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The advantages of tandem dyes

A significant number of laboratory applications rely on the use of fluorescently-labeled antibodies. These reagents are ideally suited to multiplexing experiments, since by labeling antibodies against different protein targets with different colored dyes, it is possible for several readouts to be obtained from a single precious sample.

One technique which utilizes fluorometric detection is flow cytometry, an application which analyzes the characteristics of cells as they flow singly past beams of focused light. The cells can be separated in to different populations based on light scatter, and can also be sorted on the basis of protein expression; it is the latter which requires the use of fluorescently-labeled antibodies.

During fluorometric detection the fluorophore that is bound to the antibody becomes excited by the light source. It then produces a transient light emission as it returns to its ground state, generating light at a higher wavelength than that which was used for excitation. The difference between the maximum absorbance and emission wavelengths of the fluorophore is defined by the Stokes shift (see image below). A large Stokes shift is indicative of less overlap between the two wavelengths, and is highly desirable when performing flow cytometry since it means that the emitted light can be clearly distinguished from the light source which was used for excitation.

Although antibodies can be labeled with a single species of fluorophore, it is possible to exploit the Stokes shift through the use of tandem dyes. These consist of two covalently attached fluorophores, one of which behaves as a donor molecule while the other acts as an acceptor molecule. Once the donor molecule has been excited by the light source, a proportion of its energy is transferred to the acceptor molecule via Fluorescence Resonance Energy Transfer. This excites the acceptor molecule, which in turn produces a light emission. The Stokes shift of a tandem dye is greater than that of the original donor molecule. Another benefit of tandem dyes is that they can be used to increase the quantity of readouts from a flow cytometry experiment should the number of excitation lasers be a limiting factor. For example, DyLight® 488, R-phycoerythrin (PE), PerCP/Cy5.5 and PE/Atto 594 can all be excited using a 488nm laser, yet generate green, yellow, red and infra-red emissions respectively, each of which can be measured using a different detector.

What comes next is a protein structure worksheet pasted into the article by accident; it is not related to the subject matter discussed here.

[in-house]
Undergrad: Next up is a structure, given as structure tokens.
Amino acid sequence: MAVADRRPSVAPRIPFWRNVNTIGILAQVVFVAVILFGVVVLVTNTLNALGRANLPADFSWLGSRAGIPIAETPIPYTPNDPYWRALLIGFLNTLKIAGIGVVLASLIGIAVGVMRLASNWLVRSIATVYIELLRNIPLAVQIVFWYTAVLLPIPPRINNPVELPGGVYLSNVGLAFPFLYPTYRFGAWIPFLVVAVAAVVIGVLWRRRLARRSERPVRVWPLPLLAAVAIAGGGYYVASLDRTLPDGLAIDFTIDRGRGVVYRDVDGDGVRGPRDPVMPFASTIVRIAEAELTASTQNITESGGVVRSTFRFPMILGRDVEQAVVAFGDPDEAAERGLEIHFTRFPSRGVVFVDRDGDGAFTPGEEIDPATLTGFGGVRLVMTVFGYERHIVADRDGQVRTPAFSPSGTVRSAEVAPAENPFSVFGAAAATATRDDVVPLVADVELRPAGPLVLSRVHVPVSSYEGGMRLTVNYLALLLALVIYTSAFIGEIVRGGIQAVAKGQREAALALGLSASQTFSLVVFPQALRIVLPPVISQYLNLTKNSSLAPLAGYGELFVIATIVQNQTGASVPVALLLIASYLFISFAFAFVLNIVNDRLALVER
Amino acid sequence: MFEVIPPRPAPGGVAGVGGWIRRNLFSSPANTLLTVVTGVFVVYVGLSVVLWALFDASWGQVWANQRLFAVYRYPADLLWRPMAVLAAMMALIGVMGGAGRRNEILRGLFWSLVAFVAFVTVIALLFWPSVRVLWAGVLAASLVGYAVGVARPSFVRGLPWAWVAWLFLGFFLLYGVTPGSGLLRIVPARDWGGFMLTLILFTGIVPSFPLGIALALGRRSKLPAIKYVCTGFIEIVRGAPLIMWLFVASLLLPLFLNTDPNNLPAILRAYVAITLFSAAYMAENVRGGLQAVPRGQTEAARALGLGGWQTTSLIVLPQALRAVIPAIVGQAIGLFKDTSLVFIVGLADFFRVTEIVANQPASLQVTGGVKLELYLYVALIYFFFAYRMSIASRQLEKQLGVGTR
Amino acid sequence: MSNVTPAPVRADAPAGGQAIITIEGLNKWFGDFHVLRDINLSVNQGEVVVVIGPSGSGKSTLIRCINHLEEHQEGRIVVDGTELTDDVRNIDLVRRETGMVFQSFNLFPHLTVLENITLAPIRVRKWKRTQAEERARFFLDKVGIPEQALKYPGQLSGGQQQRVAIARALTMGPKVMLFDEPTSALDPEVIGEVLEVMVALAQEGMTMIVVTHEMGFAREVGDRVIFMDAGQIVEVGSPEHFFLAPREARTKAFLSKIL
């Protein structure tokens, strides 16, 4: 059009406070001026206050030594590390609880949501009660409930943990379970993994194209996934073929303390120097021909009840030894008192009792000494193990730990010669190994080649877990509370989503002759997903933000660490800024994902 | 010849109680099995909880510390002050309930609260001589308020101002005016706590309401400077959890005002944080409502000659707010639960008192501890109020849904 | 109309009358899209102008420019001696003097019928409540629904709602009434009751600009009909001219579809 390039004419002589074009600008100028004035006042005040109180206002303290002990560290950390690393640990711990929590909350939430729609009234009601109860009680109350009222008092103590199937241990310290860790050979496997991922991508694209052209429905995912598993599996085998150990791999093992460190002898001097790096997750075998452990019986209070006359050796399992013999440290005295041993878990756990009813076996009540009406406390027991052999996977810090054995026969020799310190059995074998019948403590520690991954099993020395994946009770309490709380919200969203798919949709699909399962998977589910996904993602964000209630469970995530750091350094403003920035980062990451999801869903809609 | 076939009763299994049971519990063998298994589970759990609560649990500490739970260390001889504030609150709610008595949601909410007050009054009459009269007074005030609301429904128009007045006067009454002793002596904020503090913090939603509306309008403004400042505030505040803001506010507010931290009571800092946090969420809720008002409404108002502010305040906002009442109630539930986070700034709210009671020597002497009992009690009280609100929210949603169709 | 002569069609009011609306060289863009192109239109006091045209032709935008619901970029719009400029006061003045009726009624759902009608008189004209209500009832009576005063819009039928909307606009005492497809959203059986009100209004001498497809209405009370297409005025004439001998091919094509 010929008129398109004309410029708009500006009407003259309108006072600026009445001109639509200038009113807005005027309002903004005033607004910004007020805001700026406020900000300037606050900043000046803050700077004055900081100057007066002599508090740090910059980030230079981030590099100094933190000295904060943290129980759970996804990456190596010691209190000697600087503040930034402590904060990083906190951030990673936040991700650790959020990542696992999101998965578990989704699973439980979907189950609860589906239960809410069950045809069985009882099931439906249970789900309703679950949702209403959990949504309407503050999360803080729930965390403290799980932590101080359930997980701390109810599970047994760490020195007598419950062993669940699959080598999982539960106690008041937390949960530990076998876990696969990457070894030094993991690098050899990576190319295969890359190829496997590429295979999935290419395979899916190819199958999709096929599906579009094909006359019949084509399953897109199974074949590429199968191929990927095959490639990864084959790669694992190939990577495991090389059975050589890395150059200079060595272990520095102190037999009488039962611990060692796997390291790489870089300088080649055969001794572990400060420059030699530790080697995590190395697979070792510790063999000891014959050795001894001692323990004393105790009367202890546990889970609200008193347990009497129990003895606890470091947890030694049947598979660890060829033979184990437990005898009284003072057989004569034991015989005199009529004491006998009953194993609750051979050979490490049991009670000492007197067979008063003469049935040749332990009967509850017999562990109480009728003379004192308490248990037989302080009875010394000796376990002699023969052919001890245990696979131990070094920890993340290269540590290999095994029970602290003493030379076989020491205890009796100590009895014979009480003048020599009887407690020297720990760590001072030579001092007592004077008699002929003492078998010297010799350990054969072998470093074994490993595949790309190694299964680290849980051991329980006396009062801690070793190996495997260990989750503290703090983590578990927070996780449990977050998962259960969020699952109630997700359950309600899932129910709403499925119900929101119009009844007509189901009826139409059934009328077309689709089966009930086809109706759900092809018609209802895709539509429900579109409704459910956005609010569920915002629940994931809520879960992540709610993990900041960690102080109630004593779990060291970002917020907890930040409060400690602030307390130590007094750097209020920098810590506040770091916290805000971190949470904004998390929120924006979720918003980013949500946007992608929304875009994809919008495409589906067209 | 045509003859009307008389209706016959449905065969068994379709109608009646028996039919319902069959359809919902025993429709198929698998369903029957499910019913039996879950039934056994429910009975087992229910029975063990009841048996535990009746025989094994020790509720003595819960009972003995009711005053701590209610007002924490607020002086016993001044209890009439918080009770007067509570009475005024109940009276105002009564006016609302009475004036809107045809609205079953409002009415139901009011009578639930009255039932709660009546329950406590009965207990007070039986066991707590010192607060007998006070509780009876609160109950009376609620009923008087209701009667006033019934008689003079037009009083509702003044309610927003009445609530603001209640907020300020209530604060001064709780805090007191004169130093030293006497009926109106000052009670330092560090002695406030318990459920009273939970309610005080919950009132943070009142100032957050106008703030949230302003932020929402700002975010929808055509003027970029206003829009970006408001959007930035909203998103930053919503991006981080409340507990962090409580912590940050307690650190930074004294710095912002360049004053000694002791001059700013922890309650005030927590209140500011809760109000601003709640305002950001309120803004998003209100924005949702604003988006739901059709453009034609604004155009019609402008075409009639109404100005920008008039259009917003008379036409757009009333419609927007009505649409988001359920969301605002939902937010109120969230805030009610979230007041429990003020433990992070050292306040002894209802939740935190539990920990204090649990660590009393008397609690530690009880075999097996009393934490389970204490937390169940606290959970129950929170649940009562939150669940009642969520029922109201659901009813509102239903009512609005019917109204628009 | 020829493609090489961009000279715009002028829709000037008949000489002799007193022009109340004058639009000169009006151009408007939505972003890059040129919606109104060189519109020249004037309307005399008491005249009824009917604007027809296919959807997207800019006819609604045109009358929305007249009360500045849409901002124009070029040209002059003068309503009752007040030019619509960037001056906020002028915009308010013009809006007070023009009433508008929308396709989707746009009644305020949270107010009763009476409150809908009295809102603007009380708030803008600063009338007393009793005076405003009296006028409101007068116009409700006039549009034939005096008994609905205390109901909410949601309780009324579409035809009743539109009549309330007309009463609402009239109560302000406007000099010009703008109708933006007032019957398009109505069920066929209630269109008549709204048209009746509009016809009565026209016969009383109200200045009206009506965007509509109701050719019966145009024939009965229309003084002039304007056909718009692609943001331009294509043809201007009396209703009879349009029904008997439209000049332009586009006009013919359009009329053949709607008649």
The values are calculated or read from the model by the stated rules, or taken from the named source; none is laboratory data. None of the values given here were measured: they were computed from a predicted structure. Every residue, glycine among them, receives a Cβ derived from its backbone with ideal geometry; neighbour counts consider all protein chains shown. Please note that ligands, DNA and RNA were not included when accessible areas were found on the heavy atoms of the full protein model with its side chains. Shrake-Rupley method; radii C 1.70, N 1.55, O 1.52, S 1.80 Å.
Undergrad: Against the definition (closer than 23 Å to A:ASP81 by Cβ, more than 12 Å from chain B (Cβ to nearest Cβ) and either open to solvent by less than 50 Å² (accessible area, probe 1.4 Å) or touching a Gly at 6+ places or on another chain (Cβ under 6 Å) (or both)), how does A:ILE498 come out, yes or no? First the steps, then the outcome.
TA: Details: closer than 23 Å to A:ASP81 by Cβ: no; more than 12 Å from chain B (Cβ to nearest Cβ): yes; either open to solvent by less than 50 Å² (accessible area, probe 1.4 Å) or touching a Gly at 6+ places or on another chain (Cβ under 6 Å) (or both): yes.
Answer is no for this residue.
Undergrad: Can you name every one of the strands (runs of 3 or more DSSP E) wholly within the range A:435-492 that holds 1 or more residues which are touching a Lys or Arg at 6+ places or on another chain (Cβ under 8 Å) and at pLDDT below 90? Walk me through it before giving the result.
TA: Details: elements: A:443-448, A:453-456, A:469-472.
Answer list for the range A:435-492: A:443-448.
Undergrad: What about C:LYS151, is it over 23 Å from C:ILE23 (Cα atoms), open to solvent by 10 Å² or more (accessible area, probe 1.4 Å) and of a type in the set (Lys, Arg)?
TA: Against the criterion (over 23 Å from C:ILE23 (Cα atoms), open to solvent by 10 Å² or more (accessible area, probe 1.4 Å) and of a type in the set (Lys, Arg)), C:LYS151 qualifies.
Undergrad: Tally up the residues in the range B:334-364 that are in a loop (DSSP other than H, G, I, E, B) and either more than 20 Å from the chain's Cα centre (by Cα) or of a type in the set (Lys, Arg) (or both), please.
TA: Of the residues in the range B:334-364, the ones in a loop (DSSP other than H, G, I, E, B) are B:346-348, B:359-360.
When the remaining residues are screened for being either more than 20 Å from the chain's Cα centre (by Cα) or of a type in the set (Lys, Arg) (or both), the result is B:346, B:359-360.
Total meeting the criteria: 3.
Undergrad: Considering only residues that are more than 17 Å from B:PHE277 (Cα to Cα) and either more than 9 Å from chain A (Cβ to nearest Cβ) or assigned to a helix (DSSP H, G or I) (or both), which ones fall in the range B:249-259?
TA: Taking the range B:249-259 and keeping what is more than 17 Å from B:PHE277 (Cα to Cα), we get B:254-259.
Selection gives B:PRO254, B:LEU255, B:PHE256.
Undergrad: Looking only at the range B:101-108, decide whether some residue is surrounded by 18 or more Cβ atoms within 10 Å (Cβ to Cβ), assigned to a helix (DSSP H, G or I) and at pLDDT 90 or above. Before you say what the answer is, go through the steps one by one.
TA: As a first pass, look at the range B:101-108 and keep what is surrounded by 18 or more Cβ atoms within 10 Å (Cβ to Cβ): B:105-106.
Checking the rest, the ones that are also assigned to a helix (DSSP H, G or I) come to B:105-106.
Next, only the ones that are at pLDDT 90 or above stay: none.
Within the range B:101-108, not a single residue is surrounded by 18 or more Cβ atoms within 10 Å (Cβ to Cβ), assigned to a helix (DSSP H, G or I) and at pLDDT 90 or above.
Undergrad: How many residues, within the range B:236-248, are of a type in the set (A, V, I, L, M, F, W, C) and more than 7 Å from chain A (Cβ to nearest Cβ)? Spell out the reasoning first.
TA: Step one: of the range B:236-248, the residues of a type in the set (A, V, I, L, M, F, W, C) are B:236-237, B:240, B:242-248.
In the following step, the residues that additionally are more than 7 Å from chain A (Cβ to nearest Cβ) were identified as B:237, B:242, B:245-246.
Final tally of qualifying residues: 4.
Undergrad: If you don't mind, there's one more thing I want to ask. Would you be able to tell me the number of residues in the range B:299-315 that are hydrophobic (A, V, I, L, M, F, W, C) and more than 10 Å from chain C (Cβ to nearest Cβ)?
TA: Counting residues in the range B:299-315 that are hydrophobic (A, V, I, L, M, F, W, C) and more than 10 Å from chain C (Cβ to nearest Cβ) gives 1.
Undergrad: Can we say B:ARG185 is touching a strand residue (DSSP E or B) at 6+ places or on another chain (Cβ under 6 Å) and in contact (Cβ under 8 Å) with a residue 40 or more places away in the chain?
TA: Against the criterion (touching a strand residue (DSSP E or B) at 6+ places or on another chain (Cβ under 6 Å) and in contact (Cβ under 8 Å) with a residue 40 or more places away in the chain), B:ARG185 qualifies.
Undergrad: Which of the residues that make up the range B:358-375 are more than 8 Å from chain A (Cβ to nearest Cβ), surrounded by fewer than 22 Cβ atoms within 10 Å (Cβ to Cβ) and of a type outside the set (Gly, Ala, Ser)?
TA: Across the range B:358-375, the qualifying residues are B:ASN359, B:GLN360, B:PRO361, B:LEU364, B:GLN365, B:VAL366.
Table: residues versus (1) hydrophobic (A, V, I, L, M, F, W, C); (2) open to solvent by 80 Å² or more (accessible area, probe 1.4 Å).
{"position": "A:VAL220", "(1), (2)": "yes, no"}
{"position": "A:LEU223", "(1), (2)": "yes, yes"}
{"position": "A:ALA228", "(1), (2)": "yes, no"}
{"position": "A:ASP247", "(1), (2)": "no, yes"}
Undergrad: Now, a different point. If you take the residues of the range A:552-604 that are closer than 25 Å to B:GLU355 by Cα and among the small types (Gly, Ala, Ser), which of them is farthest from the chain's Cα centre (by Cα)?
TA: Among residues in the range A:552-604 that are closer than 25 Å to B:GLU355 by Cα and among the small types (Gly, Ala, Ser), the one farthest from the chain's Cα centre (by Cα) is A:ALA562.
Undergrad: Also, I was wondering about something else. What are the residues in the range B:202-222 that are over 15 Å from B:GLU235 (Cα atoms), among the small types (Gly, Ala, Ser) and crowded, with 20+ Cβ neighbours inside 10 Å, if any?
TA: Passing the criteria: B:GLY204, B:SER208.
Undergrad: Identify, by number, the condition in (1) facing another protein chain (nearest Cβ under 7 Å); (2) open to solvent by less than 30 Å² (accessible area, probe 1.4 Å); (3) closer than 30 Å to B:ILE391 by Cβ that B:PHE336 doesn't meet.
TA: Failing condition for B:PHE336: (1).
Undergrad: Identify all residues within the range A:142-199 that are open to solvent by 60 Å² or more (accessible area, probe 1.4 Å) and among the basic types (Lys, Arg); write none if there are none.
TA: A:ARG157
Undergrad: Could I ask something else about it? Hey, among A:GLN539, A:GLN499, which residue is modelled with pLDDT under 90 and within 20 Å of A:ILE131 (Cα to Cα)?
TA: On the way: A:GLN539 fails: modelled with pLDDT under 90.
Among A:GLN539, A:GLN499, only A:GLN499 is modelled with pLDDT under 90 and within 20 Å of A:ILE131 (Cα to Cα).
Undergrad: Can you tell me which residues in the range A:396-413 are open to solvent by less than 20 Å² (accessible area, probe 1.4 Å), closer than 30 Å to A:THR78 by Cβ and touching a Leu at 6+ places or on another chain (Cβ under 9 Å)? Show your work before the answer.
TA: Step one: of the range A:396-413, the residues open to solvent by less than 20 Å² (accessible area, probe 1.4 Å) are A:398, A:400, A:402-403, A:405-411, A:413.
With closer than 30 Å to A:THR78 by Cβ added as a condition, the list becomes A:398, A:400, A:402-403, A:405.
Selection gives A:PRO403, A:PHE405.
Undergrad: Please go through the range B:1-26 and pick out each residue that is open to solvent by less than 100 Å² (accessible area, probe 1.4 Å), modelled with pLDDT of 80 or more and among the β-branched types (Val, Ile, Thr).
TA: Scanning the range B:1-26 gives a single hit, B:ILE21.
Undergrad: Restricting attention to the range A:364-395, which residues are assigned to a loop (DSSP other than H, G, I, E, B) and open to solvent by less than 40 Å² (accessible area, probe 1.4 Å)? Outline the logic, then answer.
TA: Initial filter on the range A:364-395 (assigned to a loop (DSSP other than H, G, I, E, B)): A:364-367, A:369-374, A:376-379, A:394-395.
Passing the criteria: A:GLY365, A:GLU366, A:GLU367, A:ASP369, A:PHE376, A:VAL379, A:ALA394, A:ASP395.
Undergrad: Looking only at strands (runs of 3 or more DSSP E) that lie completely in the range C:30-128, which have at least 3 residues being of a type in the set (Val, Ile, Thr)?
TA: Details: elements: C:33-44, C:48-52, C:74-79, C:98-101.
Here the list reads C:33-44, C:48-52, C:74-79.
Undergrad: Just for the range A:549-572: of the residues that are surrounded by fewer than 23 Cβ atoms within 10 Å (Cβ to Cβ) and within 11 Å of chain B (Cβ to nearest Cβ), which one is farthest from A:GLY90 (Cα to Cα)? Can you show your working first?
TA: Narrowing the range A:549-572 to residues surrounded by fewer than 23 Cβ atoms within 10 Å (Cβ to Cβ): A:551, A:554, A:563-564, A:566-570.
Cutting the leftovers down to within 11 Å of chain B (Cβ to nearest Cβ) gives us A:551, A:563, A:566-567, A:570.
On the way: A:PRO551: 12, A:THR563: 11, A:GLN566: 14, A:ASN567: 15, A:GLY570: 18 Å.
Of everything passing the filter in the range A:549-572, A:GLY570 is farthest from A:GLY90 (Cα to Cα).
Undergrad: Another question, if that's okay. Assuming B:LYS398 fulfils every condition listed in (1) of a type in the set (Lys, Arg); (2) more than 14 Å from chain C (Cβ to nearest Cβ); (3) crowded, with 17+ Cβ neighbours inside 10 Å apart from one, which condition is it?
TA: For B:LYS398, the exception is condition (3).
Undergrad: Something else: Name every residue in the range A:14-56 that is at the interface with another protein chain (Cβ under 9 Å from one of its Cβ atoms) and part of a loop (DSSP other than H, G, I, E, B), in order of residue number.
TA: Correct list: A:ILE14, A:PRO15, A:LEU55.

As the number of assay readouts increases, it becomes necessary to use directly-labeled primary antibodies, rather than labeled secondary antibodies, for detection. The reason for this is that the use of secondary antibodies prohibits the use of more than one primary antibody from the same host species in the experiment.

direct vs indirect detection - immunofluorescence

Direct vs. indirect staining. The image on the left illustrates the detection of three different cellular proteins using directly-labeled primary antibodies; each protein is clearly defined by a different colored fluorochrome. The image on the right illustrates the detection of the same three cellular proteins using a labeled secondary antibody; since all three primary antibodies share the same host species, differential staining on the basis of color is not possible.

Unfortunately it is often the case that fluorescently-labeled versions of the primary antibodies are not commercially available, however we’ve solved this problem by developing our Lightning-Link® antibody labeling kits. These easy-to-use kits allow direct conjugation of primary antibodies to fluorescent labels, including tandem dyes, with just 30 seconds hands-on time and a 100% yield from the unconjugated antibody. Simply pipette your antibody into a vial of lyophilized mixture containing the label of interest, incubate, and then stop the reaction. With no desalting or dialysis steps, your conjugate is then ready to use. View the video protocol demonstration here:

We have almost 40 fluorescent dyes in our expanding Lightning-Link® range, of which eight are tandem dyes:

Tandem dyes table

The PE/Atto594 tandem dye is unique to Expedeon. It is brighter, and has a greater Stokes shift, than the more commonly-used PE/Texas Red® tandem, and has been literature cited. In their article “Using Image-Based Flow Cytometry to Assess Monocyte Oxidized LDL Phagocytosis Capacity”, published in Methods in Molecular Biology, Henning et al. describe the use of Lightning-Link® PE/Atto594 to label an anti-CD16 antibody within a study to evaluate how acute dietary modifications can alter the risk of developing atherosclerosis.

Comparison of the absorbance and fluorescence emission spectra of Lightning-Link® PE/Atto594 and Lightning-Link® PE/Texas Red® conjugates

Comparison of the absorbance and fluorescence emission spectra of Lightning-Link® PE/Atto594 and Lightning-Link® PE/Texas Red® conjugates. Although both tandem dyes share similar profiles, PE/Atto594 is significantly brighter, and has a greater Stokes shift, than PE/Texas Red®.

View all of our Lightning-Link® antibody labeling kits here. For more information on multi-color flow cytometry, take a look at our Beginner’s Guide to Flow Cytometry, or visit our multi-color flow cytometry page.